August Wilson's master work is a ten play cycle dealing with the lives of the black population of Pittsburgh's Hill District, where Wilson grew up. Each decade of the Twentieth Century gets one play, with "Gem of the Ocean" taking place first. Set in 1904, in the home of the shadowy 285-year-old Aunt Esther, the play is rich in historical significance.  Wilson completed "Gem" in 2003, two years before his death.


Margo Hall is terrific as Aunt Esther, the role originated on Broadway by Phylicia Rashad. She gives down-home depth to the character hinted at (but never seen) in other plays in the cycle. Excellent as well are Omoze Idehendre as Black Mary and especially Namir Smallwood as Citizen Barlow.


There are many themes in play here, but perhaps the most relevant is how difficult the lives of black people have continued to be after slavery, in 1904 on up to the present day. As Solly Two Kings (played by Juney Smith) says, himself old enough to have been born into slavery: "What is freedom? I got it, but what is it?


Director Daniel Alexander Jones is using the original unedited script with which Wilson always began his rehearsals. He would write extra and winnow it down as time went on. So this Marin Playhouse production contains scenes the author eliminated, segments never before seen. It does not help: the production runs only fifteen minutes shy of three hours. Act One holds our attention while Act Two does not. The music is great but the pace of the show drags, especially in Act Two.

 RATINGS ☼ ☼ ☼
The San Francisco Theater Blog Awards Division awards "Gem of the Ocean" Three Stars. It's definitely worth seeing, especially for August Wilson scholars. We love this cast. It's always a pleasure to watch Margo Hall. But that's a really long Act Two.





"Gem of the Ocean"
Marin Theater Company
397 Miller Avenue, Mill Valley
EXTENDED Through February 14
$10-$48



Sunday, January 17, 2016

Hershey Felder as Irving Berlin: ☼ ☼ ☼ ☼ BANG


Irving Berlin's songs still make all other songwriters take their Ipads and rap themselves on their high-tech foreheads, saying: Why can't I write:

"Not for just one hour, 
Not for just one day, 
Not for just one year, 
But always...?"

The answer is you can't, because Irving Berlin did it first, and, anyway, it's 2016, not 1919, and we want car crashes. Who wants to hear that soppy stuff anymore?


Everybody, that's who, especially every person in the Opening Night audience lucky enough to hear the phenomenal Hershey Felder play and sing Irving Berlin's songs. He also takes us on a theatrical odyssey through the long life of the Byelorussian immigrant (1888-1989 ) who became the most acclaimed American songwriter of the Twentieth Century.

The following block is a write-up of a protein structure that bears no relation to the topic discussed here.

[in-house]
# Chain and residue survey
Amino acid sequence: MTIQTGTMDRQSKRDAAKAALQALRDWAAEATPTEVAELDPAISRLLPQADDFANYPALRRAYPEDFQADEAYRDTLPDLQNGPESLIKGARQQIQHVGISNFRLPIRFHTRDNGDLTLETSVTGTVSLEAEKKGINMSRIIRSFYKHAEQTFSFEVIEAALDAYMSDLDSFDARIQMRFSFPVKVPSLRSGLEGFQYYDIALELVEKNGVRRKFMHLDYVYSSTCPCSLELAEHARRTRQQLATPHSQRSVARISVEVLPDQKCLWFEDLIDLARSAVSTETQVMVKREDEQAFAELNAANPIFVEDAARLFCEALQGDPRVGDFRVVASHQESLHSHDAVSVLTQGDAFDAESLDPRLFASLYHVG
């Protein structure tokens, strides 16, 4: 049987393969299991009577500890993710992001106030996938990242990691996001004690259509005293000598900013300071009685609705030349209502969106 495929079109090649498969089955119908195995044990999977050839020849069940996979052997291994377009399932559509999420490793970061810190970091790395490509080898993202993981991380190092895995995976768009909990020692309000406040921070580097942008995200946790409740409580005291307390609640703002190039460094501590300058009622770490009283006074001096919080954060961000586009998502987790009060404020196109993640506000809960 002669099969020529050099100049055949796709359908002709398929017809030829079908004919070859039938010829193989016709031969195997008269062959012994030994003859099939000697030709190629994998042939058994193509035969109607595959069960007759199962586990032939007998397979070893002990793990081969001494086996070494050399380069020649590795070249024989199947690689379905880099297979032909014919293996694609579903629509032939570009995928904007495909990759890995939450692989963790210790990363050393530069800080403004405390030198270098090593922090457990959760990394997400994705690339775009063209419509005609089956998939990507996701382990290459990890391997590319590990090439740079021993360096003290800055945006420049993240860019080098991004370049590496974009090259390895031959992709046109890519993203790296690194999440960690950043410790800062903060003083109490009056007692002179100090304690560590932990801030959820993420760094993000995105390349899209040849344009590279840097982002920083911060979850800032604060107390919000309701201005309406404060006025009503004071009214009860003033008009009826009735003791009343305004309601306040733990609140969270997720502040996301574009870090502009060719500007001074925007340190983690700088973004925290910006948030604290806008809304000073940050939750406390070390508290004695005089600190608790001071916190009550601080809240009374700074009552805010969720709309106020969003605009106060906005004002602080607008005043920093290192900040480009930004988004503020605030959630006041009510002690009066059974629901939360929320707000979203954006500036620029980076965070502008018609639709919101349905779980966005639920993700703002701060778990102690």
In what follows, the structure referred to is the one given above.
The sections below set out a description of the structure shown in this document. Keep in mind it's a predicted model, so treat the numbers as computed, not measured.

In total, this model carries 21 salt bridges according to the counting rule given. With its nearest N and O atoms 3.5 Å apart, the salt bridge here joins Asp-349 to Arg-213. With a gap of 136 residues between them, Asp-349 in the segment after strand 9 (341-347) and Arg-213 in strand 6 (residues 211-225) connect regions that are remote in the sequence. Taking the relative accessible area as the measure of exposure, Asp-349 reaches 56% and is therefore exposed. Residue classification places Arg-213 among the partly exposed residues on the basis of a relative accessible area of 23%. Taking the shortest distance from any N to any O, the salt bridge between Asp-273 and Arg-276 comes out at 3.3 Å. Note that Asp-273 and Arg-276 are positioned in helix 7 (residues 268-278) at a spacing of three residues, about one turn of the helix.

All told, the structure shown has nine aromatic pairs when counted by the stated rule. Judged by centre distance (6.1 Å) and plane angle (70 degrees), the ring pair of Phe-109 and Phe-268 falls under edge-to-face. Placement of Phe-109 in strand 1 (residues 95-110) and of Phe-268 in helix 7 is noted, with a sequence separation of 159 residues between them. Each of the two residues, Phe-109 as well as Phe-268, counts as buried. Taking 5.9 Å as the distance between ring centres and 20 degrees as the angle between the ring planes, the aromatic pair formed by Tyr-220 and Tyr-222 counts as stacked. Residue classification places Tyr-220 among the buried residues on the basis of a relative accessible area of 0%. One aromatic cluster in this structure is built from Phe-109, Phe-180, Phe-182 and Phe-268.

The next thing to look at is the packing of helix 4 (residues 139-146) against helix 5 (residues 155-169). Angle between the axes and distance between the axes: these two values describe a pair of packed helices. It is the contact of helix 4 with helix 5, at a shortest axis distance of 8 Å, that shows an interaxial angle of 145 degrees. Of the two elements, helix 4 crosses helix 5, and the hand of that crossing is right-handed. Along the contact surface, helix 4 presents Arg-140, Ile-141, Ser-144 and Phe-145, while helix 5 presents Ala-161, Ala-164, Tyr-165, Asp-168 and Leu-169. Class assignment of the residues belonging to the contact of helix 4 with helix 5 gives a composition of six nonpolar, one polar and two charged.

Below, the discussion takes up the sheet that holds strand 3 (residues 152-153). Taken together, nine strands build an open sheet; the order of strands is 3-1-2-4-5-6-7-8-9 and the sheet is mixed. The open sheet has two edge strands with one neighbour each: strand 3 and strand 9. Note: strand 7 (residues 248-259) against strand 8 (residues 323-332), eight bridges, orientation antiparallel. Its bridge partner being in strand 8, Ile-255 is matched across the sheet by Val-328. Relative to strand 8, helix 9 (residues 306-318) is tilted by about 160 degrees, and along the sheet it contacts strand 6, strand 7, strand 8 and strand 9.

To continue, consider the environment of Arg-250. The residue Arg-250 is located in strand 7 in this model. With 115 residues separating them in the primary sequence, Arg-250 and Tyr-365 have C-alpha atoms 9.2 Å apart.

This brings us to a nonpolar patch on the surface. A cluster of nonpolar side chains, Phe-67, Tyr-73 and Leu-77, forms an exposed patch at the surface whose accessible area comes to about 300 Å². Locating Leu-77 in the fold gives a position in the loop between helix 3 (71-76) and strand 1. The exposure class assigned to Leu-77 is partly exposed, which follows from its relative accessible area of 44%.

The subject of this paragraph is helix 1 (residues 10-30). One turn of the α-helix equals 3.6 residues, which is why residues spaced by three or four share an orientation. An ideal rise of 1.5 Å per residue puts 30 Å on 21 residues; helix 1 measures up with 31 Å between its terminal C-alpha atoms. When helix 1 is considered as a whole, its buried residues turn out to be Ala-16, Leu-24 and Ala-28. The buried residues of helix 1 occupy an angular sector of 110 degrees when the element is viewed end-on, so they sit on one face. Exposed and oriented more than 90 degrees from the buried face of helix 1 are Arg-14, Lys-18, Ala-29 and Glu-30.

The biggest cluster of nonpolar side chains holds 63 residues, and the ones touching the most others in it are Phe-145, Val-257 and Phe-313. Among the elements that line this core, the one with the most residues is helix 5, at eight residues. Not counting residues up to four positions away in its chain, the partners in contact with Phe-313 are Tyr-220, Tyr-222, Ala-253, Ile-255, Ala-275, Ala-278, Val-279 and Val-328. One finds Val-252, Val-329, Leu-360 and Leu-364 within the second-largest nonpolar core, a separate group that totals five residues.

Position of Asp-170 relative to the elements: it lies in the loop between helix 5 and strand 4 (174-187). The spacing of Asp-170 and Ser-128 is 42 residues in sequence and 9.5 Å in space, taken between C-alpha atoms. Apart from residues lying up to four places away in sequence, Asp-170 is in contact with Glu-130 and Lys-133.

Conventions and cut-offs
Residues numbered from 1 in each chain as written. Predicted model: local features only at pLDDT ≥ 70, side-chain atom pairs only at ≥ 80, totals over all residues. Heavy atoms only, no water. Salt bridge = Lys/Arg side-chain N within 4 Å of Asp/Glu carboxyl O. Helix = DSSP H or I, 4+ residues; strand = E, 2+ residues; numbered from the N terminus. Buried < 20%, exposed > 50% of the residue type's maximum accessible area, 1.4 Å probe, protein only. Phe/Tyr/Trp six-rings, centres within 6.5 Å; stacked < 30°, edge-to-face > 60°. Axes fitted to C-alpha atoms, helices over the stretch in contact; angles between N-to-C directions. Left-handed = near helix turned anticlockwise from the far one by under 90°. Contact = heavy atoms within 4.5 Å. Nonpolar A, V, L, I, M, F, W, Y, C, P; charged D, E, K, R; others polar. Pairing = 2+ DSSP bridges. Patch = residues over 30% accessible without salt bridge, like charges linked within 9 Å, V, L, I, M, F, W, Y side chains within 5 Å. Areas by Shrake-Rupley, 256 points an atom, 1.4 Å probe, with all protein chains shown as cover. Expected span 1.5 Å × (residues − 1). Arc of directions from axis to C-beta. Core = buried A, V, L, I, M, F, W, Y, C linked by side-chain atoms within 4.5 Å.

Hershey Felder makes a habit of getting inside great composers, with humor and pianistic genius  -- previous shows have showcased the likes of Beethoven, Chopin, Liszt, George Gershwin and Leonard Bernstein. But the arc of Irving Berlin's life encompasses more than music. It is the history of an entire century, featuring songs written during two World Wars and The Great Depression.  And we get to hear the stories behind such iconic Berlin classics as "White Christmas," "Dancing Cheek to Cheek" and "There's No Business like Show Business." What else? How about "Easter Parade?" Not satisfied, for God's sake: how about "God Bless America?"


The show comes with a thick spatula of shmaltz, for sure. But so did Berlin. For an hour and a half Hershey Felder becomes Irving Berlin. The overheads and old recordings help, but we never really take our eyes away from the performer. 

Felder has become an international treasure, one you should never miss the opportunity to see. We truly love this show, and we would happily give it our top rating of Five Stars if there were only a few car crashes.


RATINGS: ☼ ☼ ☼ ☼ BANG

The San Francisco Theater Blog Awards Division happily and hummingly awards "Hershey Felder as Irving Berlin" Four Stars with a Bangle of Praise. Felder earns all of them, as performer and book writer, and the Bangle is for the chills we get when the audience is singing along. No one has the right to remain silent. We can't anyway.  Don't miss this show.

"Hershey Felder as Irving Berlin"
Mountain View Center for the Performing Arts
500 Castro Street, Mountain View
Through February 14
$35-$100




Friday, December 11, 2015

"Emma" ☼ ☼ ☼ ☼ BANG



There are icicles in Phoenix and look out for flying pigs. We thought it would take that long before we could again have the divine opportunity to leave a theater humming the songs from a musical -- and then still be humming them the next day! Thank you Mr. Paul Gordon.

Also, curse you Mr. Paul Gordon! Earworms!  "Mr. Robert Martin" will not leave us alone, to say nothing of the lovely "Emma." This is a price we are willing to pay.